The American entertainer Alberta Hunter lived in London in the late 1920s, living in the large house at 17 Regents Park Road owned by singer-entrepreneur John Payne who was an unofficial US ambassador for black Americans in inter-war England. Another of the lodgers was Guy Errington Kerr, recalled in Hunter’s biography as ‘a violinist who was studying medicine’ (Frank Taylor, Alberta Hunter: A Celebration in Blues, New York: McGraw-Hill, 1987, p 104). I mentioned black medical students to Josephine Harreld Love, whose father had been the tutor and admirer of musician-composer Edmund Jenkins who studied with Kemper Harreld in Atlanta before, in 1914, studying for seven years at the Royal Academy of Music in London. My biography of Jenkins was published in 1982: Mrs Love (born 1914) made contact for she had been brought up on stories of Jenkins’s musicianship. We became friends and I stayed with her in Detroit and she with me in England. One of her college friends had married a Jamaican-born doctor who lived in suburban London, and she showed me a photograph. This was Gertrude Gamlin: Mrs Errington Kerr.
Picking up the threads of the Kerrs led me to discover that Dr Kerr had died at 2 Wickham Avenue, Cheam (Surrey) on 21 March 1984 and left £132,102. His wife had died in the spring of 1981. With most of his adult life spent in England – indeed, in Cheam [south west of London] – and a substantial estate, I obtained a copy of his will. A very straightforward two-page document, signed on 16 December 1983, it appointed Frederick P W Griffiths and Miss Doris S M Griffiths of 38 Lynwood Drive in nearby Worcester Park to be executors, and left them his house (2 Wickham Avenue), contents, and car but not his violin and grand piano. Money in the bank and in the Leeds Permanent Building Society went to the Griffiths too. The violin and grand piano, and money in the Halifax Building Society, went to Mrs Jean Burham of Yorke House, Eridge Road, Crowborough.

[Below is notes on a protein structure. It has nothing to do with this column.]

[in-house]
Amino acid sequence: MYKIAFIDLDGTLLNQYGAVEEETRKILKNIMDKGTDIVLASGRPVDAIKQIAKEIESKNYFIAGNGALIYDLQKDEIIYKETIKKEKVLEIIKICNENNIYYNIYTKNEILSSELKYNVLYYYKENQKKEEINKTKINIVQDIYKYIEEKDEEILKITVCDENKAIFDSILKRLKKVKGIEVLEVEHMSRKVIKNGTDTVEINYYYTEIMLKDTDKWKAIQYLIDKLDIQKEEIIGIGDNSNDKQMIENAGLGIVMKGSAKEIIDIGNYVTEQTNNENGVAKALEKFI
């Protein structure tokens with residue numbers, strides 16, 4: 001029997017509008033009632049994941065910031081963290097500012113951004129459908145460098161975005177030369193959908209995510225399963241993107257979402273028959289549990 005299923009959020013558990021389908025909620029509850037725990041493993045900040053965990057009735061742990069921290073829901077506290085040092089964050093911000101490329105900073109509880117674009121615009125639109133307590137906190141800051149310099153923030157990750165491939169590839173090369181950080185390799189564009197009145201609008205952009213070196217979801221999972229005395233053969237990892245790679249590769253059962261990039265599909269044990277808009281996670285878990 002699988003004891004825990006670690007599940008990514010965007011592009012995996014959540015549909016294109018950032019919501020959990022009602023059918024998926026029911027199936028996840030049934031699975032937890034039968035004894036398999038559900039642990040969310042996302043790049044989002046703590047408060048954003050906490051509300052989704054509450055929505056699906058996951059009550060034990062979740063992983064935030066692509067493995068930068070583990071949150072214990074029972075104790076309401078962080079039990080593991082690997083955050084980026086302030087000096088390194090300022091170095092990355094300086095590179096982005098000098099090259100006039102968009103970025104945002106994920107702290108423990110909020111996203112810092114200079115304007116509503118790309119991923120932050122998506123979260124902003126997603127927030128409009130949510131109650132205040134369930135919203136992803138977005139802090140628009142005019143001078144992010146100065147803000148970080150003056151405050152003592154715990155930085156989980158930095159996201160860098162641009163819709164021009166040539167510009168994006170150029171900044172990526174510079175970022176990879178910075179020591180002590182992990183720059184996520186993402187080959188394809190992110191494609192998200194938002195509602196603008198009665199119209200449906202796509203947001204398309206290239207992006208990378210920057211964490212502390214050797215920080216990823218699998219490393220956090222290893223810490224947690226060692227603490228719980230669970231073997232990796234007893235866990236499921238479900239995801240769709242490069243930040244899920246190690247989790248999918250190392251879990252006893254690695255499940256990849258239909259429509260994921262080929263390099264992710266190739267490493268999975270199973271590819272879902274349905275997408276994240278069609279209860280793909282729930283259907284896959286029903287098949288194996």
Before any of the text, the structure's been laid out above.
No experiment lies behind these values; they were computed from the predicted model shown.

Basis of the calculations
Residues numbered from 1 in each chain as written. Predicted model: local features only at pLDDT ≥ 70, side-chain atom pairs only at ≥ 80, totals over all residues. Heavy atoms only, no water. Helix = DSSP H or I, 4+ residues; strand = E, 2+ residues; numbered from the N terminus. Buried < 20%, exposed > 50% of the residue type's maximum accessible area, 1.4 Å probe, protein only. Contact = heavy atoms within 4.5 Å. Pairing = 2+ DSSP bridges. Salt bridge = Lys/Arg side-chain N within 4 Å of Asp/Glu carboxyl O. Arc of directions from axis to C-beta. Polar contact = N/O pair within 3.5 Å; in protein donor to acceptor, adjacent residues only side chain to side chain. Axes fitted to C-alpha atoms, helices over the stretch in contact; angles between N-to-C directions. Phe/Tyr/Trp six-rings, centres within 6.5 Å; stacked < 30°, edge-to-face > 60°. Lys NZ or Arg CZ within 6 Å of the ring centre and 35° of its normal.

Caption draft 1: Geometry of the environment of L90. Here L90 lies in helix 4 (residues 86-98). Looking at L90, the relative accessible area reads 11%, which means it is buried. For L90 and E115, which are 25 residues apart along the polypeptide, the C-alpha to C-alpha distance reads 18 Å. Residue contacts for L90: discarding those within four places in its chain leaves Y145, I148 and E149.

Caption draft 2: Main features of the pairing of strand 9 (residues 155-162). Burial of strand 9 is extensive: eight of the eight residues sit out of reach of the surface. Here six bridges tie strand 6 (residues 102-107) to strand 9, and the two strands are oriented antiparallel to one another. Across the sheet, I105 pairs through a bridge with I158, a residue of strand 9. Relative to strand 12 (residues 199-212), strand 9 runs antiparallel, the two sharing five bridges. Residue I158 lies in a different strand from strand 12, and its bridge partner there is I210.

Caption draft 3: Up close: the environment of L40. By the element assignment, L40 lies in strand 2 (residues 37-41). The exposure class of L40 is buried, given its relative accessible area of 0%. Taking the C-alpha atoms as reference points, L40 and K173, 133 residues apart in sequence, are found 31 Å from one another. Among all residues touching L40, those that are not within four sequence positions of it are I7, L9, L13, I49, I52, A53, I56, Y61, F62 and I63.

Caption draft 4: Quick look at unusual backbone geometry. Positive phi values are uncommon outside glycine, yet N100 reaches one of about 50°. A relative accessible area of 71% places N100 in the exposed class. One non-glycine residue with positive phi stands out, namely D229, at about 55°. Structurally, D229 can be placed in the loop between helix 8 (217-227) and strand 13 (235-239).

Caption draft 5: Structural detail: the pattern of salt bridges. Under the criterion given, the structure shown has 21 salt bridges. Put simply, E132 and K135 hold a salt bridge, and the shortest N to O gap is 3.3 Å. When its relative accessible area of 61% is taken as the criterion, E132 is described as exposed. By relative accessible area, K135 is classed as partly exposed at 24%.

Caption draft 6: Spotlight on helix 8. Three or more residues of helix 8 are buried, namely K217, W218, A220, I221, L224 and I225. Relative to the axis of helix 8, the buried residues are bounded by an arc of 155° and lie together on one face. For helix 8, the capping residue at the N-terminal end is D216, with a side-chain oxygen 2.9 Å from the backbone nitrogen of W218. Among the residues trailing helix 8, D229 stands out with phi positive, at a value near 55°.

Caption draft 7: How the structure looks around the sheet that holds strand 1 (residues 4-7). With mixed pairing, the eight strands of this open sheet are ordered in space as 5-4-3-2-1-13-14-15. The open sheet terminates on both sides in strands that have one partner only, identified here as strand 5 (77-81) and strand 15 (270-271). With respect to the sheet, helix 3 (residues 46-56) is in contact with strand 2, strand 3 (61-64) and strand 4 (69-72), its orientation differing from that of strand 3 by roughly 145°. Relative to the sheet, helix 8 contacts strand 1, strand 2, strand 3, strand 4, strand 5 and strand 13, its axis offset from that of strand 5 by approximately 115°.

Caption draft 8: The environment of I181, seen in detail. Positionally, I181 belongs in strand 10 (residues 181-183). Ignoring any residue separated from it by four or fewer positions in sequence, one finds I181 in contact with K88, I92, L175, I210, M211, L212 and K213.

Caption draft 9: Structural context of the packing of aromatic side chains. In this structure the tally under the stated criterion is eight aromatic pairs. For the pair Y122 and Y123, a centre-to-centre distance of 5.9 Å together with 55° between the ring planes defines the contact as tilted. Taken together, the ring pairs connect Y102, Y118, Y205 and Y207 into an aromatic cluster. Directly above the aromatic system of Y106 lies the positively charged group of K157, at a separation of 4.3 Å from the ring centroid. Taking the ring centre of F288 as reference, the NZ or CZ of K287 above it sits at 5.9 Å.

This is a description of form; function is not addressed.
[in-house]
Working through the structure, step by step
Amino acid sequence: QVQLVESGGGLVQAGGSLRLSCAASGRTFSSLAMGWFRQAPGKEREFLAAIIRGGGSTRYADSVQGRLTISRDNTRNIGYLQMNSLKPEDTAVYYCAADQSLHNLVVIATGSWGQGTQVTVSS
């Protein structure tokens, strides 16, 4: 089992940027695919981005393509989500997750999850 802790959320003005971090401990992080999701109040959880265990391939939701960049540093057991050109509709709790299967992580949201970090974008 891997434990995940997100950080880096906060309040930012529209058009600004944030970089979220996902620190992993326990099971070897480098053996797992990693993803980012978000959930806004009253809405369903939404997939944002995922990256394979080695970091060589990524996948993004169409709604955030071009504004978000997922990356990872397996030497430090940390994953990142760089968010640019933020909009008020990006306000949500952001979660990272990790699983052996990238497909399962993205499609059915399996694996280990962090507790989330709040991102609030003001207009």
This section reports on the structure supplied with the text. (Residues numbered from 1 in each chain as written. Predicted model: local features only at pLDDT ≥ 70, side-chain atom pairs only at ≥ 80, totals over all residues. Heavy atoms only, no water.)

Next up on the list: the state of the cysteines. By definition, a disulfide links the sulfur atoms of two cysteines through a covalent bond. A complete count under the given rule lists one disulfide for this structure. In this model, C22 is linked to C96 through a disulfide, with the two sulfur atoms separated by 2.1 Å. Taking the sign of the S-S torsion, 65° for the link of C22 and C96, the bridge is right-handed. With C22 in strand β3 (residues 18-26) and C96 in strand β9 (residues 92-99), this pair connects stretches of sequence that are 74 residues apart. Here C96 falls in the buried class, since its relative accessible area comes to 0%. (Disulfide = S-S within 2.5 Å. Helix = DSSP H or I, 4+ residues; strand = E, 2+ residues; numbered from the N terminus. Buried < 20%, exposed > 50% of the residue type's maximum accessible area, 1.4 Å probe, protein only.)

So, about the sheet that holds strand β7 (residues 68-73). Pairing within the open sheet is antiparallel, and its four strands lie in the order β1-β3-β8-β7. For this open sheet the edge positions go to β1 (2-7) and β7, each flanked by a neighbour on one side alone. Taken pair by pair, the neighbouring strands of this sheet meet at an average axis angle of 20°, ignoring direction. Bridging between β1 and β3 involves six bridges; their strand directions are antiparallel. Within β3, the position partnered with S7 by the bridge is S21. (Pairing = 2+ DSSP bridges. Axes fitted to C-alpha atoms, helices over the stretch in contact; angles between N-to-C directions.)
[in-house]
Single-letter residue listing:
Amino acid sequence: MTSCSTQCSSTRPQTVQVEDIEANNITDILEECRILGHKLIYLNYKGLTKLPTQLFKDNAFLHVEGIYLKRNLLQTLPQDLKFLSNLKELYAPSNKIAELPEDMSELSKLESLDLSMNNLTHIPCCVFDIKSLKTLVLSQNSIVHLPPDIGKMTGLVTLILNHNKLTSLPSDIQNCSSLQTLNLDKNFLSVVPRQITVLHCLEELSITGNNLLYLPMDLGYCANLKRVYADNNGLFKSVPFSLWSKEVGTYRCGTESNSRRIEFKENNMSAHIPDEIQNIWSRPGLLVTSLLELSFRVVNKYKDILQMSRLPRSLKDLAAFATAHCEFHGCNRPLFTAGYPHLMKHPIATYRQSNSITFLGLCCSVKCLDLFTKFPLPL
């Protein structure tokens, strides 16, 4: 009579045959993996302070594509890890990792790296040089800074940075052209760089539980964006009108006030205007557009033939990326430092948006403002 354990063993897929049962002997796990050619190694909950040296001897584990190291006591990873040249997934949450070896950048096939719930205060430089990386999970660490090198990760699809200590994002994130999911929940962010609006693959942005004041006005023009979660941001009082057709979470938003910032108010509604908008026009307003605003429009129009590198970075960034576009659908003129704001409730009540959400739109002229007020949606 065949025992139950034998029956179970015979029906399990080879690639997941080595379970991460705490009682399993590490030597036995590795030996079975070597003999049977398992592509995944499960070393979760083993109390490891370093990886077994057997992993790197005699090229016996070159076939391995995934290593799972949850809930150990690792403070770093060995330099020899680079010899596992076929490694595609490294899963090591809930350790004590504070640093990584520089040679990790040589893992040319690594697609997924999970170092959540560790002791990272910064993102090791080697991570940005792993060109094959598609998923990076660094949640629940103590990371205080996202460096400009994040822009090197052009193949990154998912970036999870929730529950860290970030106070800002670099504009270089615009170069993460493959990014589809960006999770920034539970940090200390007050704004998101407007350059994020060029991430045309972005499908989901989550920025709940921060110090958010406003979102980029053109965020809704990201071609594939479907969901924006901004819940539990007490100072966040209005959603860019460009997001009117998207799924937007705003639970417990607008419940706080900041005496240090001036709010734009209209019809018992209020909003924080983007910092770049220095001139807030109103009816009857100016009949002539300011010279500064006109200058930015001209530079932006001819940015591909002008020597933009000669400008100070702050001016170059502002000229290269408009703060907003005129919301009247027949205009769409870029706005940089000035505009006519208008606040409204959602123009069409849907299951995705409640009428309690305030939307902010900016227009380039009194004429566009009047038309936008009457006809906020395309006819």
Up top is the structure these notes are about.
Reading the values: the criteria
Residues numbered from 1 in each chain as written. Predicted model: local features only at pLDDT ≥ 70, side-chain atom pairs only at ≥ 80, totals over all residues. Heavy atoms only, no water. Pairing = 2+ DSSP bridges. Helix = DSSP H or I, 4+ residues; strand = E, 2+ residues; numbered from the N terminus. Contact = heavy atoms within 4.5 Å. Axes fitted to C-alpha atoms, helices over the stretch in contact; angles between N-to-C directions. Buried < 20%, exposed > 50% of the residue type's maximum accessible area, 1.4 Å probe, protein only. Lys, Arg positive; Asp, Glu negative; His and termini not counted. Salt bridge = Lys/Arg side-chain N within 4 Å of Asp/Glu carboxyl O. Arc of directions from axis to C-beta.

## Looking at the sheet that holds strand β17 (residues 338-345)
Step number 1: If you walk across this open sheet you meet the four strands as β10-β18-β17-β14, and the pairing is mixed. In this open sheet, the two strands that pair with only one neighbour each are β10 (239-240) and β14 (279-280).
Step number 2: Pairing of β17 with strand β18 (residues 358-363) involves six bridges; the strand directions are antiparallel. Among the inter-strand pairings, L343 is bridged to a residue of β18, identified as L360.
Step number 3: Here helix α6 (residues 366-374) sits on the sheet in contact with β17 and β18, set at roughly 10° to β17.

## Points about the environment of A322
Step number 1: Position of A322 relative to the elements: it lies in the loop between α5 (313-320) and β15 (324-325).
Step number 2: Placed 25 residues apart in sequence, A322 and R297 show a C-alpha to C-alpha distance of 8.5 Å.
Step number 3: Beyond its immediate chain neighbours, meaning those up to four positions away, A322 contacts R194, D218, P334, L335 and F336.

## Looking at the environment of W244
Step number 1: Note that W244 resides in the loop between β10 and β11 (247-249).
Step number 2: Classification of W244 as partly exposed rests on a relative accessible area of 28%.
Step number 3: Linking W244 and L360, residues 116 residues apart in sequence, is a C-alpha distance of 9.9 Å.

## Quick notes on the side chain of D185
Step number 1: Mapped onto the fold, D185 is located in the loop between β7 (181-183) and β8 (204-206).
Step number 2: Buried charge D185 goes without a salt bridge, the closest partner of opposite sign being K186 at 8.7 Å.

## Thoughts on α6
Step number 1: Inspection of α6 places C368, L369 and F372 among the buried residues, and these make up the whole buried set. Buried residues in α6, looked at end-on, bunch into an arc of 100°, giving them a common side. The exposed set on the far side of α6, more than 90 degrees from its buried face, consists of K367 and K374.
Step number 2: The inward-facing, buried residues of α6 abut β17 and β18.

Dr Kerr’s musical career had included radio broadcasts for the BBC in 1947 and 1950. He had been a conscientious objector during the war: he seems to have served in a medical capacity.
The task is now to trace the Griffiths and Mrs Burham.